About five days ago, Birgit, Charlie and Anika released 6 of the young hens from the interior cage to the exterior, ready to be joined with the older hens. That next evening, all of them were perched on the cherry trees when the sun set, instead of following the others into the hen house. So Birgit and I had to catch them, and it is no easy feat. But the advantage, she explains, is that at night they are disoriented and sleepy, so you can creep up on them and quickly snatch them by cupping your palms around the front part of the wings. Of course, if they are perched too high, you need to wiggle the branches so that they will wake up and jump down, but we have often had to climb the tree just to get to them.
Each night, we gear up with flashlight headbands and have to scan the trees for them, catch them one at a time, to make sure they are safely inside the hen house. Once they are caught, they wake up and cry bloody murder, flapping their wings away from the hold we may have on them. I always think this must cause them great stress. But too may weasels and foxes come around here and wreak havoc on their lives, so we’re actually saving their lives.
The other morning, As I came to feed and water them and open the hatch to see if any new eggs were laid, I noticed two young hands barely moving and one which was definitely dead. I texted Charlie right away, who was already in the field, and he was there in five minutes. His father was there as well, who happened to be picking some apples. It was very sad. By the time Charlie arrived, there were three dead hens. I was afraid it was due to the trauma of leaving one pen and into another, or of the stress caused by the late night captures, but they insisted it was a little parasite, harmless to humans but which sickens chickens, and sickens them fatally when they’re immune systems are young.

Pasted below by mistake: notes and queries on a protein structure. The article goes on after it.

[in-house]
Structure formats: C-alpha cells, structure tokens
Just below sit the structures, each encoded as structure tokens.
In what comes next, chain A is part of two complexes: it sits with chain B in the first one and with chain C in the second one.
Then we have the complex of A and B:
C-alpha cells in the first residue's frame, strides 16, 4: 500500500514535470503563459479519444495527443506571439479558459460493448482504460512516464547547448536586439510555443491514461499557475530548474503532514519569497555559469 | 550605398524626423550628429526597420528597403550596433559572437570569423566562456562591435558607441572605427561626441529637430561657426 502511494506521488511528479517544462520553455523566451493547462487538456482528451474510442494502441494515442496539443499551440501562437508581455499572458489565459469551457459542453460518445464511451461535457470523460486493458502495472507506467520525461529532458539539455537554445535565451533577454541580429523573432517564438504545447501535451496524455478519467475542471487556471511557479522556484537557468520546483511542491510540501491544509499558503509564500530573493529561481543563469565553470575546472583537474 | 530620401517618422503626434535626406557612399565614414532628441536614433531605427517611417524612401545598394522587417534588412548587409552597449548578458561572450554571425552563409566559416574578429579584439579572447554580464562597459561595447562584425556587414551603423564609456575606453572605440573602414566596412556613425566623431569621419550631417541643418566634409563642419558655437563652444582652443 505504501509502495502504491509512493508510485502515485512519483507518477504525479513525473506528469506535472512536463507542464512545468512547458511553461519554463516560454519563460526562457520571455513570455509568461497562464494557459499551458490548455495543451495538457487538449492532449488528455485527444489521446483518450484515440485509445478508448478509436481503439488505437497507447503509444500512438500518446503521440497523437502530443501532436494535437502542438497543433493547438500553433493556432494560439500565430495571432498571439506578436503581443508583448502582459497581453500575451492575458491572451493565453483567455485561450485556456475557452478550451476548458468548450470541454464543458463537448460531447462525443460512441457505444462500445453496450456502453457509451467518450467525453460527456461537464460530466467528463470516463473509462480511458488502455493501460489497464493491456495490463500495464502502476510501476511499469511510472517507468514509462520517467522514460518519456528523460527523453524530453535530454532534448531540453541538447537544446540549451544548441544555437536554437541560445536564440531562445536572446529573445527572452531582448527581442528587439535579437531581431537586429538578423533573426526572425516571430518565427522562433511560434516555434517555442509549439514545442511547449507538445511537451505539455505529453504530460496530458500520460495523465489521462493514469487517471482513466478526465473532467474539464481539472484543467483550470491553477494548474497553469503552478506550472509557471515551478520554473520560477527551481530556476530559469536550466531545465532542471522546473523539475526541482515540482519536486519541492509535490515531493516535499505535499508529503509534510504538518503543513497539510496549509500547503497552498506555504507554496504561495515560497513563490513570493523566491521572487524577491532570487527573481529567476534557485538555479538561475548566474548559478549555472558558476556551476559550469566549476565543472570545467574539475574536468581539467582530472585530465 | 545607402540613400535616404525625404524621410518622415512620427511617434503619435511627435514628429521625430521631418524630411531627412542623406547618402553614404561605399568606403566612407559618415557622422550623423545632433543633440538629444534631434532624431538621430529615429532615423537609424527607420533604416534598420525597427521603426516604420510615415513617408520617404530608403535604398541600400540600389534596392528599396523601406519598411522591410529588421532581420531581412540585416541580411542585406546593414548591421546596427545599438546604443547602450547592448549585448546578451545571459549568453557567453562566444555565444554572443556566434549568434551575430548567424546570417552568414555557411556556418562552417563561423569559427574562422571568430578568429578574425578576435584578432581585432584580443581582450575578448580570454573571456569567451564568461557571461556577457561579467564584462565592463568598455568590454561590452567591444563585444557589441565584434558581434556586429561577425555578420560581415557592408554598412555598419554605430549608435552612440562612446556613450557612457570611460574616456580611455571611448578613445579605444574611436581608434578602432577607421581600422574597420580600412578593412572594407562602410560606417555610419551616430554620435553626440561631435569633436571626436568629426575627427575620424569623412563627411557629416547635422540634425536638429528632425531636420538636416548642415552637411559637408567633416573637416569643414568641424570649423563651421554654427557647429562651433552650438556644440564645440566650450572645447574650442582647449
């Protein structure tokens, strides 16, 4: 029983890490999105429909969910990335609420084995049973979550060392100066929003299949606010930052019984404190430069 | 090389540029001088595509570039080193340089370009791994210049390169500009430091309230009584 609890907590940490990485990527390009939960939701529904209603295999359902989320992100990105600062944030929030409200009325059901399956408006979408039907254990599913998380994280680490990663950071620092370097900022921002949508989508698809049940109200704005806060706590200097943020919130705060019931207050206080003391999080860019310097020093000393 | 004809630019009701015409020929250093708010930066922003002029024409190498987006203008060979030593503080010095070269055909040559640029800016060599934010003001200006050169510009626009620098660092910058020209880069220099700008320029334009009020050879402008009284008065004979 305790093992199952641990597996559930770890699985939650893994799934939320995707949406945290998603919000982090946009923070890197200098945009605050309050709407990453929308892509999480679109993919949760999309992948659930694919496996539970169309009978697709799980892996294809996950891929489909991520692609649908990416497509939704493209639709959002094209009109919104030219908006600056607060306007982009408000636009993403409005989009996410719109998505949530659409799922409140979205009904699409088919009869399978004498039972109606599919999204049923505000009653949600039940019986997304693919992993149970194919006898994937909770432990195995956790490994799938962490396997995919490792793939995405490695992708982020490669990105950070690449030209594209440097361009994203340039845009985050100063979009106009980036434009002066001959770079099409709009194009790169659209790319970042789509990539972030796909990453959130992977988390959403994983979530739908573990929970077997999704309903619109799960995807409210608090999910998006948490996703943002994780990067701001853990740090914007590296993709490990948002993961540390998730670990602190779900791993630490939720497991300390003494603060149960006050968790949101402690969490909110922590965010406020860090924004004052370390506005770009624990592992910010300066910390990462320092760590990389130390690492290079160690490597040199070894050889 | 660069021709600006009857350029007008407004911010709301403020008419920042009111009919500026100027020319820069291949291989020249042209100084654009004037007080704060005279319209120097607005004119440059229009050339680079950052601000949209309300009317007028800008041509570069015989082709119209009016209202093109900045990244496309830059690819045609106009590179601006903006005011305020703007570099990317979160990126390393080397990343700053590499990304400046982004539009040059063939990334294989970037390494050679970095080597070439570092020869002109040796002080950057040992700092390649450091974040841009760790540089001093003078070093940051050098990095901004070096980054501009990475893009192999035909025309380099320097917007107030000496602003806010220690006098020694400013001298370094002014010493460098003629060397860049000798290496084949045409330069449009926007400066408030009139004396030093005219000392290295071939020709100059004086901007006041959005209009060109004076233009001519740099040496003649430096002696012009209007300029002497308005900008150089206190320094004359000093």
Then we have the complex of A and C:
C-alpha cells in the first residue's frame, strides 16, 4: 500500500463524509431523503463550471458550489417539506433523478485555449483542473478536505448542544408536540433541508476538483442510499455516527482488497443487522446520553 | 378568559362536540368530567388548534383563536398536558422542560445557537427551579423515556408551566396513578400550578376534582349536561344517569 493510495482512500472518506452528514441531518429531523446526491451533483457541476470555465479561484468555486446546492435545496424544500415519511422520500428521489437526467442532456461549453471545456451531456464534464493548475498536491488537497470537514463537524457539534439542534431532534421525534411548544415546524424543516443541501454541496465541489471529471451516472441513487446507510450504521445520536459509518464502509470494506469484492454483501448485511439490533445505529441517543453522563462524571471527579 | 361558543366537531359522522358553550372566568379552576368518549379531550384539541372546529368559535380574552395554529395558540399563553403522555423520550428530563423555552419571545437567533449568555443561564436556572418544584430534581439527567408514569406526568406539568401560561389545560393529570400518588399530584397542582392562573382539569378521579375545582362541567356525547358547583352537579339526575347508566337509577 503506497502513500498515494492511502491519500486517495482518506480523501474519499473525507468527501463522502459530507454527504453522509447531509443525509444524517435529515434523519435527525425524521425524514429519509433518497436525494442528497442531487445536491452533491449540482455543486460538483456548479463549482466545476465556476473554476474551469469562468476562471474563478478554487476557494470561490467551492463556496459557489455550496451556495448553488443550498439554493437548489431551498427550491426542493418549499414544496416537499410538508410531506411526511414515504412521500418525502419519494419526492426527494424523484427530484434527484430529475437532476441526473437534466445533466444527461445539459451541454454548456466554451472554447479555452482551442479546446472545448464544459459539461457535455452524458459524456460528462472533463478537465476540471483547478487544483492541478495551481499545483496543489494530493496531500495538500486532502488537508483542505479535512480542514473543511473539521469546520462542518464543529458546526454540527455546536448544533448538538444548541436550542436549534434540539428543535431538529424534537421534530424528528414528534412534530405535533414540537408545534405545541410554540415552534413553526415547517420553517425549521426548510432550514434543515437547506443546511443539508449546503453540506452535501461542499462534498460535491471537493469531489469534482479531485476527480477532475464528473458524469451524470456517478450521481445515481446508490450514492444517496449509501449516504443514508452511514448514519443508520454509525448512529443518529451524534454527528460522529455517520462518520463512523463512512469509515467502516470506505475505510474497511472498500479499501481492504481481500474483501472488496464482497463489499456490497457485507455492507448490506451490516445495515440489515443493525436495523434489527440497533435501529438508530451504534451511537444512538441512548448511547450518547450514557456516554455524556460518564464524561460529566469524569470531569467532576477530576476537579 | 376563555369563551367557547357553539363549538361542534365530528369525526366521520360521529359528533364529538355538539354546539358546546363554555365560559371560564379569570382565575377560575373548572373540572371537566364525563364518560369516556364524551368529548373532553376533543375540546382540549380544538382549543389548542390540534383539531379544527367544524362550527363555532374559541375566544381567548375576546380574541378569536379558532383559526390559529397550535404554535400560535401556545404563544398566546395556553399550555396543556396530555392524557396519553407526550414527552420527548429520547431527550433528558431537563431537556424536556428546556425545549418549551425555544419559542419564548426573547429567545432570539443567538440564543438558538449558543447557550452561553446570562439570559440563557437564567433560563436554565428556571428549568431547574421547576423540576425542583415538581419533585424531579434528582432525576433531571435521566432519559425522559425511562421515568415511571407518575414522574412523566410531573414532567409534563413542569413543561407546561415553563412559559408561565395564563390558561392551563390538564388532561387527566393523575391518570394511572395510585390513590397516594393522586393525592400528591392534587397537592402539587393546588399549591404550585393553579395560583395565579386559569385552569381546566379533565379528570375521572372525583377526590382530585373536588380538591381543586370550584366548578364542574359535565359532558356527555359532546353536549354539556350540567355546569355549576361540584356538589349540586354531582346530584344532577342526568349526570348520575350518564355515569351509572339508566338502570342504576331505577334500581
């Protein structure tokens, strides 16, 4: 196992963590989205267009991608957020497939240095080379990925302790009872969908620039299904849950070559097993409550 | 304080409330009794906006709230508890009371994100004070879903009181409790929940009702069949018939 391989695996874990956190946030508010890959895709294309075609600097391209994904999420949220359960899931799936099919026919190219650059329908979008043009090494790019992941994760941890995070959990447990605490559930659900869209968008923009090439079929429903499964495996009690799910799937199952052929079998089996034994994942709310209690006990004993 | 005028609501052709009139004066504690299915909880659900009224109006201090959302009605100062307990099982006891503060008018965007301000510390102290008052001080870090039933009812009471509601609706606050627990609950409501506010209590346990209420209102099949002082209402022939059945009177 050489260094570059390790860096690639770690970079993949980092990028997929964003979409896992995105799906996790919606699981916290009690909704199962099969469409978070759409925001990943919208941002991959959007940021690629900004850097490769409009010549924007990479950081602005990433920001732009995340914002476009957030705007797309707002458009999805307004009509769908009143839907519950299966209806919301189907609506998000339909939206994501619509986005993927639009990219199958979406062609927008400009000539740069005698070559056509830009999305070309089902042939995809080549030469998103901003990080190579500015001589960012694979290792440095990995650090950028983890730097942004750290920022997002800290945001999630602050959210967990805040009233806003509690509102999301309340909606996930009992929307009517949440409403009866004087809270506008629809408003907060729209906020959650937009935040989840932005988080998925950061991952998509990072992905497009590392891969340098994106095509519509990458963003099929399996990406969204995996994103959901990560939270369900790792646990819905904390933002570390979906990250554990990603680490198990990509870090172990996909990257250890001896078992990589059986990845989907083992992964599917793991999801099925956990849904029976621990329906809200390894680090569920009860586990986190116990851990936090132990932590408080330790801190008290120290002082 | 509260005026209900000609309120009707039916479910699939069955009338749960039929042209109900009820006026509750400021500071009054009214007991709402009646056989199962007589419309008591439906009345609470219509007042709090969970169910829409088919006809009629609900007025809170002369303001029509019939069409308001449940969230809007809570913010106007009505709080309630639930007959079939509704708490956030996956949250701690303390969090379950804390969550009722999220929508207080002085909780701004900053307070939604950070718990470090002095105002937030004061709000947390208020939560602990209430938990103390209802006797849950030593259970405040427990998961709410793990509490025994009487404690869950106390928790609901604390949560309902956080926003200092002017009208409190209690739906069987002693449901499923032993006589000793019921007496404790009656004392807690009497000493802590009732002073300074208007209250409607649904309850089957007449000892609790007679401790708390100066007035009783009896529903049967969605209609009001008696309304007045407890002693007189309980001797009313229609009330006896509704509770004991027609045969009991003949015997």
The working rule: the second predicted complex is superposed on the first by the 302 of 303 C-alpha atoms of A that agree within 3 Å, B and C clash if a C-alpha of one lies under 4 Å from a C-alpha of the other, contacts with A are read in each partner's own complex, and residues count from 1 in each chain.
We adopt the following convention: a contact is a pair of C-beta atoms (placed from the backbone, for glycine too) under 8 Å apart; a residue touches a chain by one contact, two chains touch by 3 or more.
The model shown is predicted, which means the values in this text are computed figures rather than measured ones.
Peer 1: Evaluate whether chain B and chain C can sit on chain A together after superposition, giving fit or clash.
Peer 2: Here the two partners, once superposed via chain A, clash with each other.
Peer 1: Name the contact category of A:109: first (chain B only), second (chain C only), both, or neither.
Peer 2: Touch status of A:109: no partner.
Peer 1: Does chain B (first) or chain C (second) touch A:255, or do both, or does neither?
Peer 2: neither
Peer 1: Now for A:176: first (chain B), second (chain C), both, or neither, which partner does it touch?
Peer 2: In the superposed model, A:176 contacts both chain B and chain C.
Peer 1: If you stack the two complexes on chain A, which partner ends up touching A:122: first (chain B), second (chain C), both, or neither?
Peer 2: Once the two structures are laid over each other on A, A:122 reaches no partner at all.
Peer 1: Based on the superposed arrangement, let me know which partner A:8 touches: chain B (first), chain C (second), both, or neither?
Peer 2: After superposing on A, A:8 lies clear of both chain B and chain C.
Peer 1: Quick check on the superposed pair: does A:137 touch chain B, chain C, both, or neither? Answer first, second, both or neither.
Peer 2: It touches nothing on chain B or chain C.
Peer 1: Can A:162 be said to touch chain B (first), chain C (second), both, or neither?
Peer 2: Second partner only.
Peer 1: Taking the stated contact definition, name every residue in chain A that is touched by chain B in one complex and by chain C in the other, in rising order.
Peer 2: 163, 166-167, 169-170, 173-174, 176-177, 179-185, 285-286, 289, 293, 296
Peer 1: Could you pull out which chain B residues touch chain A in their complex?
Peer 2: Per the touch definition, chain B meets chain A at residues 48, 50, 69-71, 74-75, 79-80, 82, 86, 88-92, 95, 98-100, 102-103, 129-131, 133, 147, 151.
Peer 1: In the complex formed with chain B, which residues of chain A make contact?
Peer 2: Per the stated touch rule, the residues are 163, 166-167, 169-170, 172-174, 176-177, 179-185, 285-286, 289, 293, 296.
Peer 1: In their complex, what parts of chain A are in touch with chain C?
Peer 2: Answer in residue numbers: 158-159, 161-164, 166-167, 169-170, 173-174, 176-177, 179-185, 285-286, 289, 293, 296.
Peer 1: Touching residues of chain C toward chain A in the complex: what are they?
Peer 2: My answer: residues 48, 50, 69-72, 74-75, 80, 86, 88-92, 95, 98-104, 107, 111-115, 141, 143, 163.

The hens that I just last night held and kept safe were now in a bucket in the barn. I left for Prague that afternoon, and I have a feeling they have since been plucked and frozen for a later date. I hope much later.
Too Much Absinthe wakes up beside me, charges her phone, makes some seemingly important texts, and replaces her head. We near Vienna as the train slows, and I’m comforted by anticipating the familiar Bahnhof, the platforms, feeling competent with the arrival and departure boards. I find my way to platform for the Stockerau train, and then the bus to Senning.